- Subject index
Identity research is at the heart of many trans-disciplinary research centers around the world. No single social science discipline `owns' identity research and The SAGE Handbook of Identities draws on a global scholarship to cover in four parts its: Frameworks: presents the main theoretical and methodological perspectives in identities research.Formations: covers the major formative forces for identities such as culture, globalization, migratory patterns, biology and so on.Categories: reviews research on the core social categories which are central to identity such as ethnicity, gender, sexuality, disability and social class and intersections between these.Sites and Context: develops a series of case studies of crucial sites and contexts where identity is at stake such as social movements, relationships and family life, work-places and environments and citizenship.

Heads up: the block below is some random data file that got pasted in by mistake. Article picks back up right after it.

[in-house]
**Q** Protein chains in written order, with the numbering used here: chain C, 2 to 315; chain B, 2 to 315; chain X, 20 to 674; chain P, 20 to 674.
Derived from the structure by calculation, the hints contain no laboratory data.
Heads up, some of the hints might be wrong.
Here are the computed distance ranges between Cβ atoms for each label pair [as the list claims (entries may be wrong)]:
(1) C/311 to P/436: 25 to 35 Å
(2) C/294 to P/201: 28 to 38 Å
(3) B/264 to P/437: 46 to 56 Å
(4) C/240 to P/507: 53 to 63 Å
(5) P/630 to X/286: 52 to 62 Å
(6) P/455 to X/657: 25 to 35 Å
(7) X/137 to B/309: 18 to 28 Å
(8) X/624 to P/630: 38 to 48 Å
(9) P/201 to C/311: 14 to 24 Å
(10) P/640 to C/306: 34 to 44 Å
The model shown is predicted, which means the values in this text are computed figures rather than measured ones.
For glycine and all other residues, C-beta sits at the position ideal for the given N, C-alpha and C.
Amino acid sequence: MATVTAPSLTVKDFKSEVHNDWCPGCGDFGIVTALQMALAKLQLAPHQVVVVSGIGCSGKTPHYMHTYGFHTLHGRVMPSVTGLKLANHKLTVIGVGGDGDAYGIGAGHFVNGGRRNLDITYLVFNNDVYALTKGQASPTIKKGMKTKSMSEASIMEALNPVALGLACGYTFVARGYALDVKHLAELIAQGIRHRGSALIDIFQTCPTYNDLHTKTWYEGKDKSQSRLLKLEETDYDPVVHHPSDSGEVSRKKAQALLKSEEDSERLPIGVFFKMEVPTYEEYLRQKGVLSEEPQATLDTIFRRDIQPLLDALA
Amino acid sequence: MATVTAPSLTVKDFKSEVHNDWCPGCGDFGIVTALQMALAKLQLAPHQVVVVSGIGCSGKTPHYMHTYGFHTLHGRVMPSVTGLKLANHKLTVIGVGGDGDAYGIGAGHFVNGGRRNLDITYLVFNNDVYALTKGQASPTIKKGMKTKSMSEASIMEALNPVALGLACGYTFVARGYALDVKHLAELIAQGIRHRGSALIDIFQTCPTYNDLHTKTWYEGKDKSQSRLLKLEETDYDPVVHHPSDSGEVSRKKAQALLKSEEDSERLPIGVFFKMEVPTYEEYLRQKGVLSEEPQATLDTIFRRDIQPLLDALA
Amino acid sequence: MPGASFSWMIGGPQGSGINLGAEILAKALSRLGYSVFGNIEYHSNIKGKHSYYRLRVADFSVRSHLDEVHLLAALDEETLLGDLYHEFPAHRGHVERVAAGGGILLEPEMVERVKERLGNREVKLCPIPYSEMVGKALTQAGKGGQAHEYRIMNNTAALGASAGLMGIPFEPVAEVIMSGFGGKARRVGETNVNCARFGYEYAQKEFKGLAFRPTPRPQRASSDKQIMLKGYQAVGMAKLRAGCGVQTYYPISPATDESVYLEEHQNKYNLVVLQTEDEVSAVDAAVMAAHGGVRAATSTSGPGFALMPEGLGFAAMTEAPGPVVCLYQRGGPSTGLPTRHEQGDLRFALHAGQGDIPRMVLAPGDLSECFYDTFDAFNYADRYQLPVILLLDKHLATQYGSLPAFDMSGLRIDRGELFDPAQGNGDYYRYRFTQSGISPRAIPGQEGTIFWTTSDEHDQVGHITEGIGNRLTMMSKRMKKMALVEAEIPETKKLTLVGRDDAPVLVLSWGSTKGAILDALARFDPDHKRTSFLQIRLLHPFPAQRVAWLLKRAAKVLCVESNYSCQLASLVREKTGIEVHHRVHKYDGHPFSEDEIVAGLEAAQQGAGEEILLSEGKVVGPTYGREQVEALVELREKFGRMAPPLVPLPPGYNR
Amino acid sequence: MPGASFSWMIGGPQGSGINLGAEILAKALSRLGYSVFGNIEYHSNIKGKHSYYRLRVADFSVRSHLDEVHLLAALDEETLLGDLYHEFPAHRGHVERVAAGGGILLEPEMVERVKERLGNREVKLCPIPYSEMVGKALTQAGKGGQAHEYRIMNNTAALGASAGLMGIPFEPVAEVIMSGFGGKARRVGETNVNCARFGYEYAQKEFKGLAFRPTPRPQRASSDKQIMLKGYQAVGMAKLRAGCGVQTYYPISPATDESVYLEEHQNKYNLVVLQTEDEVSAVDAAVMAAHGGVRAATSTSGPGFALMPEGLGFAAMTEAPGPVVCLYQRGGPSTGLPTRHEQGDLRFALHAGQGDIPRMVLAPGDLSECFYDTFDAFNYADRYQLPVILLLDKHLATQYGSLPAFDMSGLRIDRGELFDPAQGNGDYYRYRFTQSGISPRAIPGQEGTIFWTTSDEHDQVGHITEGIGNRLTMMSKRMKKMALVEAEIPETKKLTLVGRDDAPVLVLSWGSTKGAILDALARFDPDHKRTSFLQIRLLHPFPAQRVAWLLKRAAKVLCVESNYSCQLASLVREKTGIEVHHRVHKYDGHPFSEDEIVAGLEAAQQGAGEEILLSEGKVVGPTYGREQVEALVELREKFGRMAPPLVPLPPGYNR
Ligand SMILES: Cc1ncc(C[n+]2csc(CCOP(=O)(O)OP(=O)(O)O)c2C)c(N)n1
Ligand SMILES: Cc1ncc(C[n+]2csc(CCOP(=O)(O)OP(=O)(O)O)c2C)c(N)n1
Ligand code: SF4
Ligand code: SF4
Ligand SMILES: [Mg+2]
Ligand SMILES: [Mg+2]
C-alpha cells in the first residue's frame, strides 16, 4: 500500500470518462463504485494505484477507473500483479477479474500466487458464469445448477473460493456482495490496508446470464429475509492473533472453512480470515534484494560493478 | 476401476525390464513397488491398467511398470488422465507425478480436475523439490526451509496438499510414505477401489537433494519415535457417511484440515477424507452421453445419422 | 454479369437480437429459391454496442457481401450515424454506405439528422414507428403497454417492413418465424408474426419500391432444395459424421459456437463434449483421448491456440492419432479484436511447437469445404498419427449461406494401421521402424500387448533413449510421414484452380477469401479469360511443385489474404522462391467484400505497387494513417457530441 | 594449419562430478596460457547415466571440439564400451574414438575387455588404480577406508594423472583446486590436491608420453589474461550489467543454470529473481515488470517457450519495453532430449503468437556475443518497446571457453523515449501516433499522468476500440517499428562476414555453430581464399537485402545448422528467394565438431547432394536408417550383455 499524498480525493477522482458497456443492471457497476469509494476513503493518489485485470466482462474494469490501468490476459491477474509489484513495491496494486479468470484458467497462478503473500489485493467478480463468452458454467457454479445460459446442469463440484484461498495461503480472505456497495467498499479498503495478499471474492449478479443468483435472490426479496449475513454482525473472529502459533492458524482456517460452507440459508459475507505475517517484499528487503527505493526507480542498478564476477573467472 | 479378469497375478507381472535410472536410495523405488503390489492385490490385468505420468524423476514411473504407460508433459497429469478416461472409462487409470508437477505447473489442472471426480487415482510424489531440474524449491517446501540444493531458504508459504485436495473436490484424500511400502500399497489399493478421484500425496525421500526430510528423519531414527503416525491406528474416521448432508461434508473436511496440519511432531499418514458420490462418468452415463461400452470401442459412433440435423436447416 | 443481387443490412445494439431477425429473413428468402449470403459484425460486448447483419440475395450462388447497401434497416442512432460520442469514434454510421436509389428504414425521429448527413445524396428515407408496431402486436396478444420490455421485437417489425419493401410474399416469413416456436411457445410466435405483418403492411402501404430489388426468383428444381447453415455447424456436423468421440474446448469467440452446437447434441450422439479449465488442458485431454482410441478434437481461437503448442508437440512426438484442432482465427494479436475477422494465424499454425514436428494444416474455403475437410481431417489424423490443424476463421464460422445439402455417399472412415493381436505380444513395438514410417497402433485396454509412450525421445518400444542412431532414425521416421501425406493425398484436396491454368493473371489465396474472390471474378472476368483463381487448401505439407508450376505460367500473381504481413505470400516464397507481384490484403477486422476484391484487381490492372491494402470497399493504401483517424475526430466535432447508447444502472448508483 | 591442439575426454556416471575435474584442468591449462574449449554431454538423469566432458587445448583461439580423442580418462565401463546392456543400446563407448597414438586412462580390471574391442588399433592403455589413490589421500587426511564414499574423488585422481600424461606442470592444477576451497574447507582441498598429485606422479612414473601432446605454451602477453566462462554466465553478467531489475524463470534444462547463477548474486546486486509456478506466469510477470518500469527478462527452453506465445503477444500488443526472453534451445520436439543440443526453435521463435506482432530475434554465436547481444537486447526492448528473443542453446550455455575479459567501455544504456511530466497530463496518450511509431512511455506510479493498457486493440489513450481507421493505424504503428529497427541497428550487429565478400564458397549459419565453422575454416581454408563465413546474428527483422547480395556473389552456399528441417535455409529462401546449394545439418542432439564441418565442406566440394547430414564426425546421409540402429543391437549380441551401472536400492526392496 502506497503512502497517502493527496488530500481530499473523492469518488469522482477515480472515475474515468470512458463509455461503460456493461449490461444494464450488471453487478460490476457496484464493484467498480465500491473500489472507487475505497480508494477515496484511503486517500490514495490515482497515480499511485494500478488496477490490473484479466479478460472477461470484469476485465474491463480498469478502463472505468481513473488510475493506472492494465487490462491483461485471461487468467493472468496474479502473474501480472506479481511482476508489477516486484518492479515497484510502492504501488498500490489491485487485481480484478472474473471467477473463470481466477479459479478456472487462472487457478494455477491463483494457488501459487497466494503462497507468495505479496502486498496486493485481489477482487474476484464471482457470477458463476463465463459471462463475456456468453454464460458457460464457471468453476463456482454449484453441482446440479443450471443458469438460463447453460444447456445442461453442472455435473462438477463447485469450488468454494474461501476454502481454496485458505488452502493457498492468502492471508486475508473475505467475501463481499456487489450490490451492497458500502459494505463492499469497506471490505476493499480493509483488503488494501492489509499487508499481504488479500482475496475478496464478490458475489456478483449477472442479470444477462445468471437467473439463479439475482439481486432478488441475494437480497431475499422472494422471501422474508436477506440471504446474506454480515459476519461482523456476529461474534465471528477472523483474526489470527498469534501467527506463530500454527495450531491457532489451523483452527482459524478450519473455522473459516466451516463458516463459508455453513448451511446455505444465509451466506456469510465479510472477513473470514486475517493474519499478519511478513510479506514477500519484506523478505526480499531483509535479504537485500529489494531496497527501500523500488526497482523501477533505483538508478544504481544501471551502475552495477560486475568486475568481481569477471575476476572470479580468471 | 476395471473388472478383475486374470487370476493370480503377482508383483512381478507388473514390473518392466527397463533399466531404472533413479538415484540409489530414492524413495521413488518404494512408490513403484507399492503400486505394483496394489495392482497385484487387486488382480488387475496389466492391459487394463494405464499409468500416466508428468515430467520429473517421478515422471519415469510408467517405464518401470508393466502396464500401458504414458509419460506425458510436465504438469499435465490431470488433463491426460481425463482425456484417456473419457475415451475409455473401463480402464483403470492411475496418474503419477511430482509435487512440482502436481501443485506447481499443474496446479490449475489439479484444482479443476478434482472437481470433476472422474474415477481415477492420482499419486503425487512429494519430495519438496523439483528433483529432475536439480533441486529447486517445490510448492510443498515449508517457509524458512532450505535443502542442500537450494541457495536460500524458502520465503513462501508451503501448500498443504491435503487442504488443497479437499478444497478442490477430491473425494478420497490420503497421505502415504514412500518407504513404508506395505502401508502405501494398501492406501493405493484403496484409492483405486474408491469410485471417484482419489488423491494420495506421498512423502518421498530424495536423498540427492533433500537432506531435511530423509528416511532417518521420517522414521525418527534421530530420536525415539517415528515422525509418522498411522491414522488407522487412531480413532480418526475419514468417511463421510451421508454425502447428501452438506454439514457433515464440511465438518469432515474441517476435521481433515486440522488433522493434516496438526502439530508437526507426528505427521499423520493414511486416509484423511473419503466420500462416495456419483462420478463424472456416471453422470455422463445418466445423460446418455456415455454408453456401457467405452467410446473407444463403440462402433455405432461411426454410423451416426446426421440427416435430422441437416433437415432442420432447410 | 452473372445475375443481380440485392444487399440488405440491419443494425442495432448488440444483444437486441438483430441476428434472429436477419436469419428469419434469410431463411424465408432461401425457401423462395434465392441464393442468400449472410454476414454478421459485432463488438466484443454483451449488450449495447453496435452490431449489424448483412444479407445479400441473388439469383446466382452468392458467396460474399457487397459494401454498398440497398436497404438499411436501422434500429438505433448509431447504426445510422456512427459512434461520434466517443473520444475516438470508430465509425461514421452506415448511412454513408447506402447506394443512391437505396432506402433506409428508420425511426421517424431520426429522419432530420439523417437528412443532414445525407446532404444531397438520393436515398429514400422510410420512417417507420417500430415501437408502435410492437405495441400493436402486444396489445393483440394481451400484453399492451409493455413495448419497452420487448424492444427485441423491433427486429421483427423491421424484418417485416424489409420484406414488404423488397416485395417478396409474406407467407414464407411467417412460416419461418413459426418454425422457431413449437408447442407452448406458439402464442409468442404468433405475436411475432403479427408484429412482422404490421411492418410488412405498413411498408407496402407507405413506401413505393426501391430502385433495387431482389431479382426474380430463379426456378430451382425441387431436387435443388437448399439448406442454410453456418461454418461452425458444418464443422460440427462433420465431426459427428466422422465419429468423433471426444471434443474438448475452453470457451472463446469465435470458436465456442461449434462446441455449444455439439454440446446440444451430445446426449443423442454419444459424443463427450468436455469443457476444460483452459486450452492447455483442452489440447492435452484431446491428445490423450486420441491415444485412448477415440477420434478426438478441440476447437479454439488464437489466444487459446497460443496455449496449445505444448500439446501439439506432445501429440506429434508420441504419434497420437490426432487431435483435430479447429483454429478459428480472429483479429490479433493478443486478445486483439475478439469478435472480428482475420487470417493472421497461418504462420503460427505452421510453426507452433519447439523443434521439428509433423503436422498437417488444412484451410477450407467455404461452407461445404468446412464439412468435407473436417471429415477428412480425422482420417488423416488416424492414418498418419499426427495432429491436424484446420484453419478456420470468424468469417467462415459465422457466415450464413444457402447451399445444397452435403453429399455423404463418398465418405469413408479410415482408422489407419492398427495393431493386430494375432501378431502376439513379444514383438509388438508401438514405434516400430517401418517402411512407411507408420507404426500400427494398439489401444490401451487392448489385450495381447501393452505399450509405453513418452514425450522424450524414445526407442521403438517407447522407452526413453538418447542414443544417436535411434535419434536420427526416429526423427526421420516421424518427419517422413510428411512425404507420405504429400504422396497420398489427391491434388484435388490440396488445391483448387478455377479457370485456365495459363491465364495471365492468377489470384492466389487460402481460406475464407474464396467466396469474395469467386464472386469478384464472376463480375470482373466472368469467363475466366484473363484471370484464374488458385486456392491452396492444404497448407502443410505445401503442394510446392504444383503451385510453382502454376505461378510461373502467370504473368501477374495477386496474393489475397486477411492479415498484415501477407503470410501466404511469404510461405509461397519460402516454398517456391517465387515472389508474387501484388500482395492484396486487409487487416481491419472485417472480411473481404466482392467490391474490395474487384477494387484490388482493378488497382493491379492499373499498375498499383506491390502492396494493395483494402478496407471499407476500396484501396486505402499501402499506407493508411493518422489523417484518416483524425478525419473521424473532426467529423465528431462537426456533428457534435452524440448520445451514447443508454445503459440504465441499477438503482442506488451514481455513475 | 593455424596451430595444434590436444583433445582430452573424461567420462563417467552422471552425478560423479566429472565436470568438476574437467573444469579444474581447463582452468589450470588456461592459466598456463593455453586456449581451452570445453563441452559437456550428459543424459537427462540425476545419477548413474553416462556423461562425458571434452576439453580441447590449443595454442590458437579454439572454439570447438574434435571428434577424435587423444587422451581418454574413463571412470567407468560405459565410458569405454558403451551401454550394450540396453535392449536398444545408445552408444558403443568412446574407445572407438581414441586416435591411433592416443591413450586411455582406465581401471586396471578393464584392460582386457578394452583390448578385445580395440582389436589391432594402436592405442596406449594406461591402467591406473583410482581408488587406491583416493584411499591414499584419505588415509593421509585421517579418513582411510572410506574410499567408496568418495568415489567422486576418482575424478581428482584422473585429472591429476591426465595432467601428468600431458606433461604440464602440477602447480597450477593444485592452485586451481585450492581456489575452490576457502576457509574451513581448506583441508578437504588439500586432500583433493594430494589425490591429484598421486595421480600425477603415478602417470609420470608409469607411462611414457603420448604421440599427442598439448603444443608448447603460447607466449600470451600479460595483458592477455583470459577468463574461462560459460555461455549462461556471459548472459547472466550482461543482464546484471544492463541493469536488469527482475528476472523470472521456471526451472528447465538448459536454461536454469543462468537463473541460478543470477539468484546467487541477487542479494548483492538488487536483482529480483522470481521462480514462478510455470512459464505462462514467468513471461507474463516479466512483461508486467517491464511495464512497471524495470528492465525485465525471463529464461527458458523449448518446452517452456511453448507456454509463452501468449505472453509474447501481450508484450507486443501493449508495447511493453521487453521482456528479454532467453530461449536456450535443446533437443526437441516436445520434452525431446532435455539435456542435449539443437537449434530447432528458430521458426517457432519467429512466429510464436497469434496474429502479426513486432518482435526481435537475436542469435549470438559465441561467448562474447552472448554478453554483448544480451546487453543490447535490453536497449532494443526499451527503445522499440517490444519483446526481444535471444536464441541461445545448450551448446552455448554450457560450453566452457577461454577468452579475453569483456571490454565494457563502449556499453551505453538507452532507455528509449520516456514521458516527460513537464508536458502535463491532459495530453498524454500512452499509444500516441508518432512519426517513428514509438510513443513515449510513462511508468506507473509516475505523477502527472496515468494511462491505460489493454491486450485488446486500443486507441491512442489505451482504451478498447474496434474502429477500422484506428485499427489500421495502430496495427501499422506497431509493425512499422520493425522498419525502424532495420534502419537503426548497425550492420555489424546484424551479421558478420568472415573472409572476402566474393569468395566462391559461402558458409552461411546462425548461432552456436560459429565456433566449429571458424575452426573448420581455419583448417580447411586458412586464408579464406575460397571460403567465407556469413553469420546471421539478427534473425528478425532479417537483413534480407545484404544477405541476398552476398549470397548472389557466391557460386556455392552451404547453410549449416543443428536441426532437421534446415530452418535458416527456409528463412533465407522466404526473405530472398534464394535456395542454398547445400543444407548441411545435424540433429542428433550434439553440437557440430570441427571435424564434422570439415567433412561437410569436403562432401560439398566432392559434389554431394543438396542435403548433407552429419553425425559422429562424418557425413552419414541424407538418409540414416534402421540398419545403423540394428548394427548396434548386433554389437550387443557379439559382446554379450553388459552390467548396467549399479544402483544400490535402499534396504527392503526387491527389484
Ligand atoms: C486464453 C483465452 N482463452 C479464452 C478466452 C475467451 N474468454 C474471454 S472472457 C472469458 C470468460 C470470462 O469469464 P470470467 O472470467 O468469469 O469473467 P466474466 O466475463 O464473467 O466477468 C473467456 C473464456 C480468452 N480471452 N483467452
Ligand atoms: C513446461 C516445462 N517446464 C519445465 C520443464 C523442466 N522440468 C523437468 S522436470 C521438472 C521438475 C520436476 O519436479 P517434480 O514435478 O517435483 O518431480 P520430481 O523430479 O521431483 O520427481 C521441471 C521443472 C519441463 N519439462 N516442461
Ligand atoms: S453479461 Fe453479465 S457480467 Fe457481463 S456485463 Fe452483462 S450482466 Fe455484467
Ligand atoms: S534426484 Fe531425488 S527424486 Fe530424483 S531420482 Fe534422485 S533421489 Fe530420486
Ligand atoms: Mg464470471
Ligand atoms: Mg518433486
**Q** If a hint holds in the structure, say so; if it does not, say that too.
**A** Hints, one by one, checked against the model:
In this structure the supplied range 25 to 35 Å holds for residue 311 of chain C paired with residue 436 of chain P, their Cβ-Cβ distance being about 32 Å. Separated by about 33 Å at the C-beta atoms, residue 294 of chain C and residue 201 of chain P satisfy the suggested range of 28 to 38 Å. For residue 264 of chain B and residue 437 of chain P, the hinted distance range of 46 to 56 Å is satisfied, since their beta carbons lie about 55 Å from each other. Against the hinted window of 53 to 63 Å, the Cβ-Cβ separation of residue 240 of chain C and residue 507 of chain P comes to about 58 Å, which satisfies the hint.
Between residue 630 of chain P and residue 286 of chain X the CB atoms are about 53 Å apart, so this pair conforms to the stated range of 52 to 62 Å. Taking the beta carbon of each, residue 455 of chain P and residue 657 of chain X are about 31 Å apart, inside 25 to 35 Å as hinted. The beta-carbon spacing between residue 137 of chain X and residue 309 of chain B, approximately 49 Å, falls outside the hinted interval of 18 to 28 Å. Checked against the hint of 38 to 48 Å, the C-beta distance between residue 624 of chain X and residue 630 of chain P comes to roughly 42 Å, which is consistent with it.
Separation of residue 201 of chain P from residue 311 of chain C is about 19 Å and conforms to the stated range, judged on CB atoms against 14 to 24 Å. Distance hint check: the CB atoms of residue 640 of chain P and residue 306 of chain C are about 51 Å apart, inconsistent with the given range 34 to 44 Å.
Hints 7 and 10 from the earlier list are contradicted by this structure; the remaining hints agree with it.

Chapter 12: Relationality: The Intersubjective Foundations of Identity
Relationality: The Intersubjective Foundations of Identity
In this section of the Handbook, most of the formative forces explored for identities have been social: in terms of theoretical resources for understanding identities, the current conjuncture highlights social groups, power relations, disciplinary practices, discourses and narratives. In this chapter, I am going to take relations as the core formative principle, not social relations but rather relationality (specifically unconscious intersubjective dynamics) as a founding principle for identity formation and transition. I want to show not only that relationality is fundamental to identity but how it is.
In other contexts I would use the term subjectivity or self instead of identity to describe the achievement of a self or personal identity, but here I purposely ...